October 28, 2018 by Juanita Harding, Notre Dame Associate
A reading from the holy Gospel according to Mark, 10:46-52
In today’s gospel the word “call” is used several times. The blind man, Bartimaeus, calls out to Jesus saying, “Jesus, son of David have pity on me.” The crowd tells the blind man to be silent, but he calls out all the more, “Jesus, son of David have pity on me.”
Jesus stopped and said, “Call him.” So they called the blind man, saying to him, “Take courage, get up, Jesus is calling you.” He threw aside his cloak, sprang up and came to Jesus. Jesus said to him in reply, “What do you want me to do for you?” “Master, I want to see.” Jesus told him, “Go your way; your faith has saved you.” Immediately he received his sight and chose to follow Jesus on the way.
I asked myself, do I listen for God’s call? I call on Him through prayer, prayers for guidance, for help in many ways. But, do I truly listen for His call to me? What is He calling me to do?
My prayer today is for Him to open my eyes to the needs of others, and to open my ears to His call to serve in all ways possible.
Gospel: Mark 10:35-45
This Sunday’s gospel is one of those gospels that turns life upside down. Here we have two apostles seeking the “prized places” in heaven for being faithful followers. That’s probably what most people would want—some fame, glory and honor for the good they’ve done. However, when engaging in conversation with Jesus, James and John find out that power, fame and glory are certainly not a concern with Jesus. Jesus’ life is about service and sacrificing one’s life for others. That must have certainly upset and jarred their view of following Jesus.
It seems the gospel call of this week challenges us to upset some of the values strongly promoted in our society – values such as having power or control, being the best or greatest, acquiring more and more wealth or influence. One may need to take time to examine these. Questions one might ponder:
Reflection for the Twenty-Eighth Sunday in Ordinary Time…October 14, 2018 by Kathy Schinker, Notre Dame Associate
What a rich selection of readings. First to seek and to be given wisdom reminds me of the Serenity Prayer asking for serenity in acceptance, courage, and wisdom.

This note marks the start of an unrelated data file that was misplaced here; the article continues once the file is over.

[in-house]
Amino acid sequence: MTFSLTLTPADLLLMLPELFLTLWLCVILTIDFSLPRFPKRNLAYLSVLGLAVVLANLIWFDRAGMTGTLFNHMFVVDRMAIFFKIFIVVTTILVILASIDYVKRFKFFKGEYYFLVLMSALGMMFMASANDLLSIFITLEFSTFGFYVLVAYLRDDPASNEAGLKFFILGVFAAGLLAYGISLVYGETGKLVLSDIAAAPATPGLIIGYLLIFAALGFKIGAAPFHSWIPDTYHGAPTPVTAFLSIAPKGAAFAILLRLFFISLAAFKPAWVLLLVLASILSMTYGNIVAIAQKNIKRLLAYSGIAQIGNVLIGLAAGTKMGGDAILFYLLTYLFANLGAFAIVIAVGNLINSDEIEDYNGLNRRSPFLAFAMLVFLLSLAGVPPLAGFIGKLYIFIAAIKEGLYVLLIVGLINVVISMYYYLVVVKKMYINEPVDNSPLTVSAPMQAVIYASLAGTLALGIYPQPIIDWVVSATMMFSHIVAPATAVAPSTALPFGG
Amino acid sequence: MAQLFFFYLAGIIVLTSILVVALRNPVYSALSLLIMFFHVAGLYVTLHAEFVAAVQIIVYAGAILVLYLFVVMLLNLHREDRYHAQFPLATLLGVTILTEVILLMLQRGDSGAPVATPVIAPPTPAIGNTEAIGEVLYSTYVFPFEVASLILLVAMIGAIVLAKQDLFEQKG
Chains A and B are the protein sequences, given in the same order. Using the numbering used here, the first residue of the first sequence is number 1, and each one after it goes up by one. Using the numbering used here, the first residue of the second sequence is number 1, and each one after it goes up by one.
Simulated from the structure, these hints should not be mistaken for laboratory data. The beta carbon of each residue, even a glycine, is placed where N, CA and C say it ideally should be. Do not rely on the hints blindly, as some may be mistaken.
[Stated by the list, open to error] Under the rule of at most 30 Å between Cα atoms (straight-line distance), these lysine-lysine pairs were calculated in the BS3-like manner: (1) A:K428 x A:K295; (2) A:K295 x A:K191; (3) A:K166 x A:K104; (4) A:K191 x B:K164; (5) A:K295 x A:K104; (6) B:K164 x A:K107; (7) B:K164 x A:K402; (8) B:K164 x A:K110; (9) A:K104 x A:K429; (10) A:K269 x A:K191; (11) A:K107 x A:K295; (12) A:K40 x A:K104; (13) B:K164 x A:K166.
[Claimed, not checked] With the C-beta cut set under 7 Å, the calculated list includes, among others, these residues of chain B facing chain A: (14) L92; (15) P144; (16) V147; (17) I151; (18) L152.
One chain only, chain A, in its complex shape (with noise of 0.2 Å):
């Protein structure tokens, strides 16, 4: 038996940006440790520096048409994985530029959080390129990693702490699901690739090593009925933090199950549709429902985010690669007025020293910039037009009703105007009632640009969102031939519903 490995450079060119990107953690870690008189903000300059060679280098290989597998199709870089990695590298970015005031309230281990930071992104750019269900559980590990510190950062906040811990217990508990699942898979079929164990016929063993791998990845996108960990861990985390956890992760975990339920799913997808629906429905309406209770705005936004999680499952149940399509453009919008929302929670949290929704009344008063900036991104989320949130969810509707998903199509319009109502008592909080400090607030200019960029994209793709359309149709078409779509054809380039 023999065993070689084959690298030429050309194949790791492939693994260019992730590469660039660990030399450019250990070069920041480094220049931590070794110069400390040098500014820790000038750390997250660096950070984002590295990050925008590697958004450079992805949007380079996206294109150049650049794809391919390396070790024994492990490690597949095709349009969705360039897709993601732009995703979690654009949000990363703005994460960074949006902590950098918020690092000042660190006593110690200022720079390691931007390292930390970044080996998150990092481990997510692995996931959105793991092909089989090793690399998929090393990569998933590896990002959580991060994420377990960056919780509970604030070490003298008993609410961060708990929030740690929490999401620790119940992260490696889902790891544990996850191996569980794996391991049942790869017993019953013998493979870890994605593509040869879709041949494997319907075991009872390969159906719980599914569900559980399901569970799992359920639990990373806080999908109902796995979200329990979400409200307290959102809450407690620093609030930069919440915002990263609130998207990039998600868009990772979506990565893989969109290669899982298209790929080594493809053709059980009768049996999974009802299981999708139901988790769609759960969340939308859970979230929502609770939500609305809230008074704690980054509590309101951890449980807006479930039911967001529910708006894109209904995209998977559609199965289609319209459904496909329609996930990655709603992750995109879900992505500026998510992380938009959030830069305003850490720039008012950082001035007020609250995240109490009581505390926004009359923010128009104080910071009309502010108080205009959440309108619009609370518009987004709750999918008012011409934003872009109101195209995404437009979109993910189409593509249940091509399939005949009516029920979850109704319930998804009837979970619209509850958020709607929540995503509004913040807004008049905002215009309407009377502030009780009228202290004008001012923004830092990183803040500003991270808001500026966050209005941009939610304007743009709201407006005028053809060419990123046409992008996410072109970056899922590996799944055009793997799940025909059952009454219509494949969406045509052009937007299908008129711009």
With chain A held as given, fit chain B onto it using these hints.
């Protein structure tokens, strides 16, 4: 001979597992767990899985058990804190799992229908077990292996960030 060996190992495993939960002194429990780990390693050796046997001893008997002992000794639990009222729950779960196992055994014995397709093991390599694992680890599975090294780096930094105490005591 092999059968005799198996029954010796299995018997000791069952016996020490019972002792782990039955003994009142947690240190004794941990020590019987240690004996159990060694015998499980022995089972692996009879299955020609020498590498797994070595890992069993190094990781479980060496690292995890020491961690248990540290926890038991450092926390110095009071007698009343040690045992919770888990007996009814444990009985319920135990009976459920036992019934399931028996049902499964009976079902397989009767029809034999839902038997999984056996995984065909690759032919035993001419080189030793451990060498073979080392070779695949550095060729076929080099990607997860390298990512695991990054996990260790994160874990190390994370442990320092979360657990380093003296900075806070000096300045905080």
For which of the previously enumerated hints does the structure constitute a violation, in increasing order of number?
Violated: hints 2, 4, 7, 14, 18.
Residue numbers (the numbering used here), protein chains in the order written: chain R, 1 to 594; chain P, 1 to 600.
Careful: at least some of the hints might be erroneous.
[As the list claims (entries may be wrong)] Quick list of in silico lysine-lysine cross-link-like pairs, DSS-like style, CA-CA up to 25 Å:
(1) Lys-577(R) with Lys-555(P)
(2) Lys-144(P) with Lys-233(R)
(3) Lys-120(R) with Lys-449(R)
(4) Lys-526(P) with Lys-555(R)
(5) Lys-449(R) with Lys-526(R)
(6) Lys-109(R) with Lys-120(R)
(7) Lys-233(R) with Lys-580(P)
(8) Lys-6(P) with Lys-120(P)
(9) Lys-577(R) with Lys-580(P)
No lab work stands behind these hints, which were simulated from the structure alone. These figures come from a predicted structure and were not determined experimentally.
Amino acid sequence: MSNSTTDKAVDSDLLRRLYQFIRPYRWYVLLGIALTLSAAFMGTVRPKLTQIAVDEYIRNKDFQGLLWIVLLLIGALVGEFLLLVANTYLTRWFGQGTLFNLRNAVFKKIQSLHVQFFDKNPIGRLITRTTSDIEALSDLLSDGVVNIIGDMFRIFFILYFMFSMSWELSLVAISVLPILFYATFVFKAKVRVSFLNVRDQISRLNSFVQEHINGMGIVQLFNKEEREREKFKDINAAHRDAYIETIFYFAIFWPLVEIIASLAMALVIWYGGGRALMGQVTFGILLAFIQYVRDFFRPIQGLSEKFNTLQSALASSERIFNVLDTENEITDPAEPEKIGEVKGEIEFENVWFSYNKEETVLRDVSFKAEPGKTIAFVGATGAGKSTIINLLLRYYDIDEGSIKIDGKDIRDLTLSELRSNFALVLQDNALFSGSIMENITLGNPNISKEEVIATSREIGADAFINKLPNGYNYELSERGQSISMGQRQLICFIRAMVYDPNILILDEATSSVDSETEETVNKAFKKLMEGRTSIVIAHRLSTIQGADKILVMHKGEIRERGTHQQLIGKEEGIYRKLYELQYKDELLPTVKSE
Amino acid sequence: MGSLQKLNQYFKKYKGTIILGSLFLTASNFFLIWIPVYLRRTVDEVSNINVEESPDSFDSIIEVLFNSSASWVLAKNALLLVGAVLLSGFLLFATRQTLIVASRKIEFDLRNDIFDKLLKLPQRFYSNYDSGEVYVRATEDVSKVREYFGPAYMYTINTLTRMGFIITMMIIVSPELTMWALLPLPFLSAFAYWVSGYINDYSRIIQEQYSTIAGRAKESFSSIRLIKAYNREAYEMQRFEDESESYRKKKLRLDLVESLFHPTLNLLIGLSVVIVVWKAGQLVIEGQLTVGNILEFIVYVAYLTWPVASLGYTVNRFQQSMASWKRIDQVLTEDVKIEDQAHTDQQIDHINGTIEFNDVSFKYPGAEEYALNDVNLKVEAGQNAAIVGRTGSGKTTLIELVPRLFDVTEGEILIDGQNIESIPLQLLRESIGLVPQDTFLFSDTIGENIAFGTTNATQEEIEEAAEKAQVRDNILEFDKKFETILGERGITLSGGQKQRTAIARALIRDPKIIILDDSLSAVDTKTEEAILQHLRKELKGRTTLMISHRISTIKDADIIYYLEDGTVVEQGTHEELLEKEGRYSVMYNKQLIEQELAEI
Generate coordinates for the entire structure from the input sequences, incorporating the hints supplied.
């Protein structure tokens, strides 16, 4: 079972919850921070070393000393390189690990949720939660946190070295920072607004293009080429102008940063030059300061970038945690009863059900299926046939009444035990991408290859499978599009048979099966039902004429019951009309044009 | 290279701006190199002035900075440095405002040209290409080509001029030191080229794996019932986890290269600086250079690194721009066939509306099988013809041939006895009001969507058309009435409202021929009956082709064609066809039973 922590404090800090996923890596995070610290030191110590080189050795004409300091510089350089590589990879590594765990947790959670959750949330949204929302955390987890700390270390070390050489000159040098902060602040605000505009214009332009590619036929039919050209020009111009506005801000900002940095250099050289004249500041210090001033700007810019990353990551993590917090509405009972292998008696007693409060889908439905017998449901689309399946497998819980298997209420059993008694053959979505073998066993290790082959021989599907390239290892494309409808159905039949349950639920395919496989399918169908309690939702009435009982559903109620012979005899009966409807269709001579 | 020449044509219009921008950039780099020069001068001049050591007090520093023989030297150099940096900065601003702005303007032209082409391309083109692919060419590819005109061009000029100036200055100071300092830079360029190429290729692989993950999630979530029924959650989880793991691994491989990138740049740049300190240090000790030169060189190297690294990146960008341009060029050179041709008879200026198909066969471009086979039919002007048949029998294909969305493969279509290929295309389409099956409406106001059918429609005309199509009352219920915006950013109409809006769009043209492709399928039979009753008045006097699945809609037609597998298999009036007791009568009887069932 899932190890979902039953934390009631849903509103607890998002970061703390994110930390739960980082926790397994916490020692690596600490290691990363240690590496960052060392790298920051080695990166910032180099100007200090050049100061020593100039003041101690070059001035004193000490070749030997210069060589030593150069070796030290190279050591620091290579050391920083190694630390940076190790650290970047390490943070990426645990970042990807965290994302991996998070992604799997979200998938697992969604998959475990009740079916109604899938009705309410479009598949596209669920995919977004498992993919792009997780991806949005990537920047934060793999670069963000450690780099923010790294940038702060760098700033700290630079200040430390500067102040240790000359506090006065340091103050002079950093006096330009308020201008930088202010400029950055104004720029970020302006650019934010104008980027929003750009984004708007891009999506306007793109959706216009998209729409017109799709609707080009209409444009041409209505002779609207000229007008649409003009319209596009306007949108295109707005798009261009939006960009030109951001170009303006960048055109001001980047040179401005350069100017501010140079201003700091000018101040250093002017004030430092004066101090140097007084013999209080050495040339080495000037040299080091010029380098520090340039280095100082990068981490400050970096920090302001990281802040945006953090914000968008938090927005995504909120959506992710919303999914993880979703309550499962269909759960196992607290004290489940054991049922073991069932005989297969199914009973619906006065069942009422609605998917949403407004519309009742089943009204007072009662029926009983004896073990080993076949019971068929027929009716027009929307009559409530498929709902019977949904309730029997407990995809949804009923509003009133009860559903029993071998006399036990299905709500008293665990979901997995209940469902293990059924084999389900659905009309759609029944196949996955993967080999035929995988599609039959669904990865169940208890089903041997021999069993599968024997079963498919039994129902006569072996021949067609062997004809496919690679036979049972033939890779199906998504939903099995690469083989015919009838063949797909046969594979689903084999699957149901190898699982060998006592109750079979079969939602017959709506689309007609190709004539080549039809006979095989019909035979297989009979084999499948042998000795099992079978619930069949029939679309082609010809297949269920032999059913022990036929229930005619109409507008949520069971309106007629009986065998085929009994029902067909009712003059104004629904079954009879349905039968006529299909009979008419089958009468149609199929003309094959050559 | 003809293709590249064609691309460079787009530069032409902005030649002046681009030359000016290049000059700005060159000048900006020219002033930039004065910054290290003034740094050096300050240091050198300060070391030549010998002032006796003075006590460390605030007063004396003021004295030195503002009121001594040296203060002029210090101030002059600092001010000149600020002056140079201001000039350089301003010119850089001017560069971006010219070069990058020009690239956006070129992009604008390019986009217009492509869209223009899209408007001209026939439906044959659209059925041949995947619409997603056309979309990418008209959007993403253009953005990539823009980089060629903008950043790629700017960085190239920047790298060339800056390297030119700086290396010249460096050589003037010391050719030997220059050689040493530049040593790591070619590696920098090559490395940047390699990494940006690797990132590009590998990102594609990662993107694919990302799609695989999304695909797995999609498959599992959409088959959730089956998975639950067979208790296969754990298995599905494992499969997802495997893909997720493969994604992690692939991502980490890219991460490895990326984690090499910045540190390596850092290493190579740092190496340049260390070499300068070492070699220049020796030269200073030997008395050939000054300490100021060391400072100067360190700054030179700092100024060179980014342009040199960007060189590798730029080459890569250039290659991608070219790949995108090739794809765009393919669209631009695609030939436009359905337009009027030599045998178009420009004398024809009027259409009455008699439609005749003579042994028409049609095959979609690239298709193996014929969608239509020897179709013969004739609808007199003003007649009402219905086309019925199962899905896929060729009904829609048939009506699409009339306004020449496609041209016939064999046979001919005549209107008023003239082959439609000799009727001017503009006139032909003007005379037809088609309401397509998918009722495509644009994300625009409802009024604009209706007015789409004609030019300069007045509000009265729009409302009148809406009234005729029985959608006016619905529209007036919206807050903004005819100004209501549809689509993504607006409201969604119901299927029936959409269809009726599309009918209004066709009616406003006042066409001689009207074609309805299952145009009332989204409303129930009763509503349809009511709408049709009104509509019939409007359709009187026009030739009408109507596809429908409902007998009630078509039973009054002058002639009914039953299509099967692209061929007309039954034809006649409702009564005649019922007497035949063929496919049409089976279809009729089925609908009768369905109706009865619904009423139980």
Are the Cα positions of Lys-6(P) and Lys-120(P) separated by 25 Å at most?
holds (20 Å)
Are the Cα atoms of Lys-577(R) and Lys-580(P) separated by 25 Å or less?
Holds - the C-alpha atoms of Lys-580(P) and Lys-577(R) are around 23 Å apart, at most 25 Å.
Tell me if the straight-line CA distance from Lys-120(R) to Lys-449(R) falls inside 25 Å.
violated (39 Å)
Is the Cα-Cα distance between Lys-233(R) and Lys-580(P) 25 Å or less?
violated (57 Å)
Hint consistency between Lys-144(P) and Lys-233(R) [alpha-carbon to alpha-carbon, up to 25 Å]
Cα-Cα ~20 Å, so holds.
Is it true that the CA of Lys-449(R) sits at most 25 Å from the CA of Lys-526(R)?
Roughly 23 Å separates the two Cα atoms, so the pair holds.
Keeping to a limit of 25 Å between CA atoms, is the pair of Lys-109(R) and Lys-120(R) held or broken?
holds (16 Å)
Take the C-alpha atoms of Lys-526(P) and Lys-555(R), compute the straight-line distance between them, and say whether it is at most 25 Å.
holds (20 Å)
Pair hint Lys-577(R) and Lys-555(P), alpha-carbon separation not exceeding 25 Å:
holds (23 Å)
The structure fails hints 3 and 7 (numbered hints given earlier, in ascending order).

In the second reading, it is very clear that we are “naked and exposed” to the eyes of God to whom we must render an account.
Then we are reminded in the gospel that choices have consequences. I don’t want to go “away” sad because I won’t share. We may not have material wealth but we are asked to give what we have. Was the rich man afraid of giving all his wealth away? Do I have the same fear? We are being invited by Jesus to deeply believe that “all things are possible for God”. I pray for the wisdom and generosity to be able to share all my “riches”, large or small with others in loving service.
by Cathy ( Notre Dame Associate) & Gary Leak
We all have the same origin … our Lord God. God created Adam then Eve because God knew that man was incomplete. Eve came from Adam showing us how close man and women should be. They are to cling to one another, be fruitful and multiply. Their children are gifts from God and from each other. God welcomed children into His arms and said that we all must walk in His ways and accept the Kingdom of God with the dependence and obedience on God as a child would.
To make all this possible God sent His only Son to us as an infant and then into adulthood in order to live a genuine human life like ours. He then experienced suffering and death for us so that we can achieve salvation and return to God. This is Jesus gift of salvation for us.
So how grateful or blessed are you for your life? Your spouse? Your children? Salvation?
We can achieve salvation by following His ways, and loving one another as He loves us.
The readings of this Sunday seem to speak to the challenging questions of “Who is Jesus, the Just One, for me? How do I truly develop and live Jesus’ values and approach to life? ”
The reading from Wisdom reminds us that the Just One will experience rejection, alienation and condemnation. Do I really want to experience rejection and condemnation for the call to work for justice and living Jesus’ beliefs in accepting and including the poor, alienated and forgotten?
In the gospel Jesus foretells the coming of his suffering and death. However, the apostles are more concerned about their status of greatness and oblivious to Jesus’ call to be a servant to others, to be like a child, vulnerable and dependent upon God, trusting God’s strengthening, loving care. In what ways am I called to be a loving servant to others, to stand up, speak out against injustices in our world which may cause some suffering and isolation in my own life?
The reading from the letter of James reminds us that in dealing with the tensions of life, we need the “wisdom from above that is peaceable, gentle, full of mercy and good fruits.” Do I sincerely live the virtues of peacefulness, gentleness, full of mercy and good fruits? What spirit and attitude do I bring to others each day?